The fact that the non-physical/non-functional stuff you like about her gets a "blah blah blah" appended to it reinforces this impression, by the way.

So here's some advice: suck it up, keep your mouth shut, and stick around for long enough that it's clear to both of you that there's more to your interest in her than her conventional attractiveness, and THEN she'll probably be willing (if not happy) to hear about your distaste for her lip hairs.

Don't misunderstand me: physical compatibility is super important! But most folks seem to agree that for a relationship to work, there needs to be something else going on also. She could probably use a little reassurance that you like her for other reasons before she's willing to start taking requests about her personal upkeep.

Or: that's how I'd feel, anyway.

needsmoresalt (#242,163)

Until a few years ago, I had never been with a guy who waxed anything. I hooked up with this guy that I hadn't seen with his shirt off in strong light. I couldn't figure out why his back felt weirdly scaly. I thought he must have a skin condition. But it was stubble from waxing! It really grossed me out, but I felt like I shouldn't mention it, because he obviously felt super-self conscious about being hairy. Now I'm with a guy who's even hairier and doesn't give a fuck. To each his or her own! So maybe LW2 needs to find a girl who takes hair removal as seriously as he does?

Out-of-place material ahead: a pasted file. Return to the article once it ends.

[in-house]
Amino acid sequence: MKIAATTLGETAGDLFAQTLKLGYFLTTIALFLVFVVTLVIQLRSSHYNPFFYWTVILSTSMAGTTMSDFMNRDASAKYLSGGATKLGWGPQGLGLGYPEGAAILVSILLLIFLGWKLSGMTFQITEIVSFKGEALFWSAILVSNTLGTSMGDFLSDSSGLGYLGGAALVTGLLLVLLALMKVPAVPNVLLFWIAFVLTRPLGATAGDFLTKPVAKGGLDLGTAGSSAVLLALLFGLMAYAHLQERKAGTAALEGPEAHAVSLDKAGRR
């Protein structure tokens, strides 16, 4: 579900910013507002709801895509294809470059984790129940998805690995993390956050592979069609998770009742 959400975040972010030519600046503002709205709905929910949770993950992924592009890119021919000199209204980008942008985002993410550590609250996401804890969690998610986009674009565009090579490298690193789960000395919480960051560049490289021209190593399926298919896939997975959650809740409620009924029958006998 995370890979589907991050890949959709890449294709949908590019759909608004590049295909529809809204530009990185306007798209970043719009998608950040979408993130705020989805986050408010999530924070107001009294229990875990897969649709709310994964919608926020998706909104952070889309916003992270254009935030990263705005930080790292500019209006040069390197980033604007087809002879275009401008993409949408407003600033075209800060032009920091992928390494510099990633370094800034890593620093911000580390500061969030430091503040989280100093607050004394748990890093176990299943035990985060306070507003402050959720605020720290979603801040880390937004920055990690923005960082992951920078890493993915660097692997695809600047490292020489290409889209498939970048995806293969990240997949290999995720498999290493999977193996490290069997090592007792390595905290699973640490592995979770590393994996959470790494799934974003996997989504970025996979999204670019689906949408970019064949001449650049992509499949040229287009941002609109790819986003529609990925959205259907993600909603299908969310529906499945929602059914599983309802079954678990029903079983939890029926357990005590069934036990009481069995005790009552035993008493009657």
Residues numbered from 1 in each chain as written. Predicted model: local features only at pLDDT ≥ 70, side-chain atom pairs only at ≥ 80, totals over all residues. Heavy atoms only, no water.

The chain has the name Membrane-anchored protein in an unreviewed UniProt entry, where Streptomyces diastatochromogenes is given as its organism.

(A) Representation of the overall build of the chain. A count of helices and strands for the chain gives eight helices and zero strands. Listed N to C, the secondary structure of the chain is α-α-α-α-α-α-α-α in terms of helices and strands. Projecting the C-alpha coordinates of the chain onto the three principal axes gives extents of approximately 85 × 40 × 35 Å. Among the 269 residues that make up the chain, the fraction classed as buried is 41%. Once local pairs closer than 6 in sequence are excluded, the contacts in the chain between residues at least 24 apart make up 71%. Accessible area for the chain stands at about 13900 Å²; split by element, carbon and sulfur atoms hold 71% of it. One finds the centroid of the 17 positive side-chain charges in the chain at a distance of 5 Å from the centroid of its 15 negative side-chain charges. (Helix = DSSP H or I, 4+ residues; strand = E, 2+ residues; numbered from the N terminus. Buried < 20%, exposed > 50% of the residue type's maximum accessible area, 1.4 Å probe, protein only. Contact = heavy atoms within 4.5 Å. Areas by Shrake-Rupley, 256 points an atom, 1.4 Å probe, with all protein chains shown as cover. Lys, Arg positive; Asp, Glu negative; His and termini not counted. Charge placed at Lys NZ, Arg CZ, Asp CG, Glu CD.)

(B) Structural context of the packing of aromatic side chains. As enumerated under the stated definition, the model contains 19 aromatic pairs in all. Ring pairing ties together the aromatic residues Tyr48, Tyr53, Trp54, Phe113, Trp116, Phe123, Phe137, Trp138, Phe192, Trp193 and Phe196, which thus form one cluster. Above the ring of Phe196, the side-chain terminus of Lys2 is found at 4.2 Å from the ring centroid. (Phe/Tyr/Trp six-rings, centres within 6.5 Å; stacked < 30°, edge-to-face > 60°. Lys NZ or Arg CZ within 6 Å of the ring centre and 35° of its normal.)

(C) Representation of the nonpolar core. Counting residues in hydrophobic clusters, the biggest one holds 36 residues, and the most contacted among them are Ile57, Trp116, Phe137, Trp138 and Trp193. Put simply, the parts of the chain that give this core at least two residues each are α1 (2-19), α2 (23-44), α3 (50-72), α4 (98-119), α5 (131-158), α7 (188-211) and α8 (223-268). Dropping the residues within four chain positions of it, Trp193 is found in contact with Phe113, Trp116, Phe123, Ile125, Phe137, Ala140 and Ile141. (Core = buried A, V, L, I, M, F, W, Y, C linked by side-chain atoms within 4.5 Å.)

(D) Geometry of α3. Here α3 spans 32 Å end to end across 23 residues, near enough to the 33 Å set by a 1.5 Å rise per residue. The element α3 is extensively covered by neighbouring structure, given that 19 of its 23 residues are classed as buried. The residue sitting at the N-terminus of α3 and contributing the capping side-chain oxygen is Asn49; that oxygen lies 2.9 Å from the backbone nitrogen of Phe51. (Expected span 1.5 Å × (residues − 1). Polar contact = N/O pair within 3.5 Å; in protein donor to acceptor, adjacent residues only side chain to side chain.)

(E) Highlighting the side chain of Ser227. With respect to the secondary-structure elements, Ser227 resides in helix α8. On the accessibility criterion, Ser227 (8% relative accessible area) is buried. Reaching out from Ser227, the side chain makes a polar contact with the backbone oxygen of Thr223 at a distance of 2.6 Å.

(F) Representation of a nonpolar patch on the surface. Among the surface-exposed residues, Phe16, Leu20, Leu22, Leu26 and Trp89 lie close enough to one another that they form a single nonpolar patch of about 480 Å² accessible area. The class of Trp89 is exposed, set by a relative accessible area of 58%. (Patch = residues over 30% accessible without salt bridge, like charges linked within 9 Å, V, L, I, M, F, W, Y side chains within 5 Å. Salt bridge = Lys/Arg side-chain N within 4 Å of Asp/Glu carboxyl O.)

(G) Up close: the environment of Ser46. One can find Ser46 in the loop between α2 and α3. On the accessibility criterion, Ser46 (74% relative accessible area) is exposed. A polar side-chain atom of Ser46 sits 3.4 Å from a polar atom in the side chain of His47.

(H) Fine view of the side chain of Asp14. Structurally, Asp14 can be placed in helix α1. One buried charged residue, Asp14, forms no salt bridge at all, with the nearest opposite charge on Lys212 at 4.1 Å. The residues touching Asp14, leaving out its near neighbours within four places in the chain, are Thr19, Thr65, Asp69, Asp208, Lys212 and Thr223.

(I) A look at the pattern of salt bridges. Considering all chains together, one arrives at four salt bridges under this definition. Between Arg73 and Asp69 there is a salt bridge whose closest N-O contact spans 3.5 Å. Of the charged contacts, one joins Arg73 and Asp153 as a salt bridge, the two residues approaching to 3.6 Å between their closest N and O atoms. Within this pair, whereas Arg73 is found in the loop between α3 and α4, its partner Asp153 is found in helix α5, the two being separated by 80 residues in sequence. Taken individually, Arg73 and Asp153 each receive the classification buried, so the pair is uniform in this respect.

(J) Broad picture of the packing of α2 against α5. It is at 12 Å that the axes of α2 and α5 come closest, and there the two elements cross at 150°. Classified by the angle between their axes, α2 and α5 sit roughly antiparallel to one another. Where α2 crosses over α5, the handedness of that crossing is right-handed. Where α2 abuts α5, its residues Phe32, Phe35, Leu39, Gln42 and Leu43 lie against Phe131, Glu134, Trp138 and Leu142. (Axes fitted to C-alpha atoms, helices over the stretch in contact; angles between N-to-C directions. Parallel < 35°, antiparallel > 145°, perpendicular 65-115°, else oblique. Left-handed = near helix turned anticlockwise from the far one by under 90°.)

Niko Bellic (#1,312)

It took me 3 years to restore myself to a functional (single) person after a 3 year relationship – back when I was 30. So, I'd say it's definitely possible to do relationship wrong in a way that not only dooms the relationship but also renders you unfit to be single after it. Judging from the whole cohabitation+separation situation (I thought to be "separated" you had to be married, so way to go with making it all as senseless as possible!) I'd say LW1 has done just that.

So having in mind how LW1 sucked at relationships (and from my experience, you can do friendships just as bad as you can do romances), she should regard being alone as the solution, not as the problem. Now is the chance to figure out how to live, and like any learning process it comes with its pains. So my advice is: embrace the pain, and enjoy the part of your life that is actually making some sense – the one where you are not only really lost as you've been for 13 years, but you are finally for the first time fully aware of it and feeling it! Which is great! On your way to "finding yourself" now.

davidwatts (#72)